Congratulations to Gabriel Sabatini on her birthday, as she made a sad speech

From 1986 to 1995, the 1990 US Open champion finished ten years in a row in the Top 10, with three of those years—1989, 1991, and 1992—ending at her career-high ranking of No. 3. She was a constant at the top of the game.

Between the mid-1980s and the mid-1990s, Gabriela Sabatini was one of the most well-known tennis players for more than ten years. We’re looking back at her amazing career on this day, her 50th birthday. Following a stellar junior career that included a 14-year-old French Open girls’ title win in 1984, Sabatini shot to fame on the same courts the following year when, in her second Grand Slam women’s event, she reached the semifinals before losing to Chris Evert.

At the time, the Argentine was just fifteen years and three weeks old. “I grew up on clay, so playing at Roland Garros has always been special to me,” the player remarked. “My first recollection dates back to my junior victory. At the time, I was fourteen. For me, that was really significant. Playing there has always been fun for me, and I’ve always wanted to win.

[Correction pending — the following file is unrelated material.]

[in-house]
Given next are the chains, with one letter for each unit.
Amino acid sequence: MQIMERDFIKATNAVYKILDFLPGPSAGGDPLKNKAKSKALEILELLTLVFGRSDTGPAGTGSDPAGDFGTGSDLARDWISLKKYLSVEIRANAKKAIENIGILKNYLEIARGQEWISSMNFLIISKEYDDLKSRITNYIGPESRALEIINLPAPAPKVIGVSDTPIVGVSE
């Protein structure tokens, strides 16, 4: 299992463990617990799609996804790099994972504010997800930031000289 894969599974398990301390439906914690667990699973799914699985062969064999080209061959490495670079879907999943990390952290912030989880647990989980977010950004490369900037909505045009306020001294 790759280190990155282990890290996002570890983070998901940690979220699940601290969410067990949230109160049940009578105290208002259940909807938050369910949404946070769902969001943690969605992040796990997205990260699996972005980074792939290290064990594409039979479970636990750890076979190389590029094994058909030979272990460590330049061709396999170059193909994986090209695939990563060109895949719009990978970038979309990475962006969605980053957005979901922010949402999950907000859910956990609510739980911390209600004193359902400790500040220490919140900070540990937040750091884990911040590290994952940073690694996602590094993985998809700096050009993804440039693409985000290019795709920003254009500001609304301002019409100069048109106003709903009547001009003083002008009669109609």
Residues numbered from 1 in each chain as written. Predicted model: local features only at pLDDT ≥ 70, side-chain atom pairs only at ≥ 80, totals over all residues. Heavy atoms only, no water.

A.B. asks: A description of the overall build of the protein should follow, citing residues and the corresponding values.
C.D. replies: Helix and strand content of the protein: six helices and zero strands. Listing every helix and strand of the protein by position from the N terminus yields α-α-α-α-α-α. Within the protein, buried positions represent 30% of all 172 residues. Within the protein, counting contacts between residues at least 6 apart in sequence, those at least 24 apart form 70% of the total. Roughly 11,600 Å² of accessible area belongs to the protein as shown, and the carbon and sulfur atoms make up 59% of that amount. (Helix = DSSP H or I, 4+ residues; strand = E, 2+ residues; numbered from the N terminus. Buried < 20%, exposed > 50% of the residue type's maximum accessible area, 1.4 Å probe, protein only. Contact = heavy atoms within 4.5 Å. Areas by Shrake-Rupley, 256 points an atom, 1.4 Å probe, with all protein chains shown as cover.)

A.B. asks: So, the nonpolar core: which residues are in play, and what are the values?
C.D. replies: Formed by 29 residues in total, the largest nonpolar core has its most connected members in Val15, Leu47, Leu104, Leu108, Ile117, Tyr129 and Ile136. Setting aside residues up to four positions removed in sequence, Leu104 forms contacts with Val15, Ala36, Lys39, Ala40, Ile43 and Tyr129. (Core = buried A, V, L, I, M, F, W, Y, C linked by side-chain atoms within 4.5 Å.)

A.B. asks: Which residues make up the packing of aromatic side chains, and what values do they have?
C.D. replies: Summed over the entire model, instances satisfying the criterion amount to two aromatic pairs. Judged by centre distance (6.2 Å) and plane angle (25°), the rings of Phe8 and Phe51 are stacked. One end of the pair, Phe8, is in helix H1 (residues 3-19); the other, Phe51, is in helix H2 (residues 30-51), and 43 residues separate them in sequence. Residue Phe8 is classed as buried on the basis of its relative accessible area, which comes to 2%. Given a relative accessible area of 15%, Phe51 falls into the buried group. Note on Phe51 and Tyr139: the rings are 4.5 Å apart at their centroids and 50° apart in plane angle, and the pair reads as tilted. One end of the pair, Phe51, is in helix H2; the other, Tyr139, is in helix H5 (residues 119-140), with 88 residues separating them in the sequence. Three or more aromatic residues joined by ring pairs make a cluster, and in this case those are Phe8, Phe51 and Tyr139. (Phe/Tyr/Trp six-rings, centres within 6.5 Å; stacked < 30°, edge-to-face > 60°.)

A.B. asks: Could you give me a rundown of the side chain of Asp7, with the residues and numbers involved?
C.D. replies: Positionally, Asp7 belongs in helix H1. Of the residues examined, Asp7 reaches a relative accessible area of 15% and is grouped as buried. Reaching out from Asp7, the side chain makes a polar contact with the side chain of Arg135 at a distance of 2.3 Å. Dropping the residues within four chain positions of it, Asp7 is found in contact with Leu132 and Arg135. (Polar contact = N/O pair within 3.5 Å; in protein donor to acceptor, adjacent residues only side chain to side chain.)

Despite making it to four more French Open semifinals during her career, Sabatini’s greatest achievements came at two other majors. She lost to Stefanie Graf in the 1988 US Open Grand Slam final, 6-3, 3-6, 6-1. Two years later, on the same courts, she would win her first Grand Slam championship, defeating Graf 6-2, 7-6 (4), to win the 1990 US Open. Following her historic victory at Flushing Meadows, Sabatini remarked, “There’s no way to explain this emotion.” “I achieved my goal of winning a Grand Slam today, which I really wanted.”

She remains the first woman from South America to win a Grand Slam championship during the Open Era, excepting two-time major champion Garbine Muguruza, who is Spanish by birth but was born in Venezuela.

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